This month seriously needs to march off the calendar

Heads up, everyone: The forecast for the rest of March is sunny with a chance of sadness. And while it does sound funny to be concerned about clear skies and the perfect, falsely perceived image of spring, seasonal depression is actually a real thing.

Seasonal affective disorder is a type of depression that comes and goes with the seasons, according to the National Institute of Mental Health.

Most people experience seasonal depression during the fall or winter, but it’s not uncommon to experience it during the spring.

My depressive episodes are incredibly sporadic, and it’s difficult to really say why. How do I tell people my mood solely relies on the weather without sounding like I’ve gone completely off the rails?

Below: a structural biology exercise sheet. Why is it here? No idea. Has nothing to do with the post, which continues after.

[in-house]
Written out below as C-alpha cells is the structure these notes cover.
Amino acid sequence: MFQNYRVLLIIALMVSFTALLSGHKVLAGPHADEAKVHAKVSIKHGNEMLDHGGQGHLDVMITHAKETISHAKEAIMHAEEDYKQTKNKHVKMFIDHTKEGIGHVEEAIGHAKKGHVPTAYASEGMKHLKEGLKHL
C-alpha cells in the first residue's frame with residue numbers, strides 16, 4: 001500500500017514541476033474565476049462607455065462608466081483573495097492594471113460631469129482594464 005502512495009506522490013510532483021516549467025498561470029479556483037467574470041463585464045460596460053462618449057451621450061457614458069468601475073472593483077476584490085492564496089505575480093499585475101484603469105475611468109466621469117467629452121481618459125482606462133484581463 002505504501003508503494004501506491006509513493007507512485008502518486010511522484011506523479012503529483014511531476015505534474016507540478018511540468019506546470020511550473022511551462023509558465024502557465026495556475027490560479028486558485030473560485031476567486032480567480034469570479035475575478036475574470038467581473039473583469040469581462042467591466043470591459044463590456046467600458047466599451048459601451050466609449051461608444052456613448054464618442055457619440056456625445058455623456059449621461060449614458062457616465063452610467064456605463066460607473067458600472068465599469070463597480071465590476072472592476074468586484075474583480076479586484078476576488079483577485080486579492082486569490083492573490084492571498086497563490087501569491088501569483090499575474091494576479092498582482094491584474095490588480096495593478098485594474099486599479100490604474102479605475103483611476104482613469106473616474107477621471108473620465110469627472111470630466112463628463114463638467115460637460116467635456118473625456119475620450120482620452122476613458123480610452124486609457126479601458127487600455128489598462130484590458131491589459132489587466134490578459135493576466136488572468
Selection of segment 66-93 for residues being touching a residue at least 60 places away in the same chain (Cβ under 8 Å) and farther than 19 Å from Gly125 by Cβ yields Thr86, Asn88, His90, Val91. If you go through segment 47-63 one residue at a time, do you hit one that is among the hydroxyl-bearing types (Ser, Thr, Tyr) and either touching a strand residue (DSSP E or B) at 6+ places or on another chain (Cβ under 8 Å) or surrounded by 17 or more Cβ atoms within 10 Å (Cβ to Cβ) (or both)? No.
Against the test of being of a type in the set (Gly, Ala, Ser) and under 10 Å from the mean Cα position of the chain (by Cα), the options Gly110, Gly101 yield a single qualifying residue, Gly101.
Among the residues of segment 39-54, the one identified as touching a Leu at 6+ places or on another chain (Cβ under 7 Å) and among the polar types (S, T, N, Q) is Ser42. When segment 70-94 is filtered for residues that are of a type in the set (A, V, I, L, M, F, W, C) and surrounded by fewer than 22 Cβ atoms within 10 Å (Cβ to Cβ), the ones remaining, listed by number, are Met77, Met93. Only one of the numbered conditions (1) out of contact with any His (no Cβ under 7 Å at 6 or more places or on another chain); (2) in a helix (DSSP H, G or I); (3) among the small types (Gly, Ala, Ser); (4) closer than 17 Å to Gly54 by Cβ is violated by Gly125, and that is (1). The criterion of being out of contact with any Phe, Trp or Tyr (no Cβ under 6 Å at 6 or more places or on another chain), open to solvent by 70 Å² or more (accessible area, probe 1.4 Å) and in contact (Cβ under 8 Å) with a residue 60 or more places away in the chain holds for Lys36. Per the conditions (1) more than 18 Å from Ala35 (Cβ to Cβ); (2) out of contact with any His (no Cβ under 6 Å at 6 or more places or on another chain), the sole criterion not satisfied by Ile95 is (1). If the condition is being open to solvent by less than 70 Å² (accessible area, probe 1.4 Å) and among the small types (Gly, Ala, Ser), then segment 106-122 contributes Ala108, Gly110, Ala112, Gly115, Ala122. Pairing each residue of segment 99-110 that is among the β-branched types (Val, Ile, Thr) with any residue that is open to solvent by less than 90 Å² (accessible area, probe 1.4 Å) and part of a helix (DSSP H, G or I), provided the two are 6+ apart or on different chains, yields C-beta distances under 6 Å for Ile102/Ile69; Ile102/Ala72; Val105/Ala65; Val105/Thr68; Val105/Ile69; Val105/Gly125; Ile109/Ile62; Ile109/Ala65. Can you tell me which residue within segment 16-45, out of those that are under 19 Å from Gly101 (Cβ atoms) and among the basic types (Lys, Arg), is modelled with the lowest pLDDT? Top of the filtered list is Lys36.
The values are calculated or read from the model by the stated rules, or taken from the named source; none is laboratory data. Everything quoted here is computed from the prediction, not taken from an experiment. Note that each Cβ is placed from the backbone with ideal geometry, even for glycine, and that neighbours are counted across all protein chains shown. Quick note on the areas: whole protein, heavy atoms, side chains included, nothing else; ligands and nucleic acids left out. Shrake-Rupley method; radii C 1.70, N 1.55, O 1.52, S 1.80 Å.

Melatonin, which is a sleep-related hormone located in the brain, has been linked to seasonal depression, according to a webpage about the disorder on the website of nonprofit organization Mental Health America.

The webpage states that melatonin affects sleep patterns and mood and is made at higher levels in the dark, which can result in some of the symptoms connected to seasonal depression.

With a couple of weeks leading up to spring and my mood gradually getting worse, I can already tell the rest of the month will suck. I’ve always been under the impression that the sun would bring out the best in me, but sometimes I guess that isn’t the case when it comes to depression.

As the seasons are bound to change just like our time did (curse daylight saving time), please be mindful of the people in your life who may be experiencing a depressive episode. While we can’t entirely bounce into the happier month of April just yet, know that people like me have a reason for constantly being sad and groaning about why March sucks.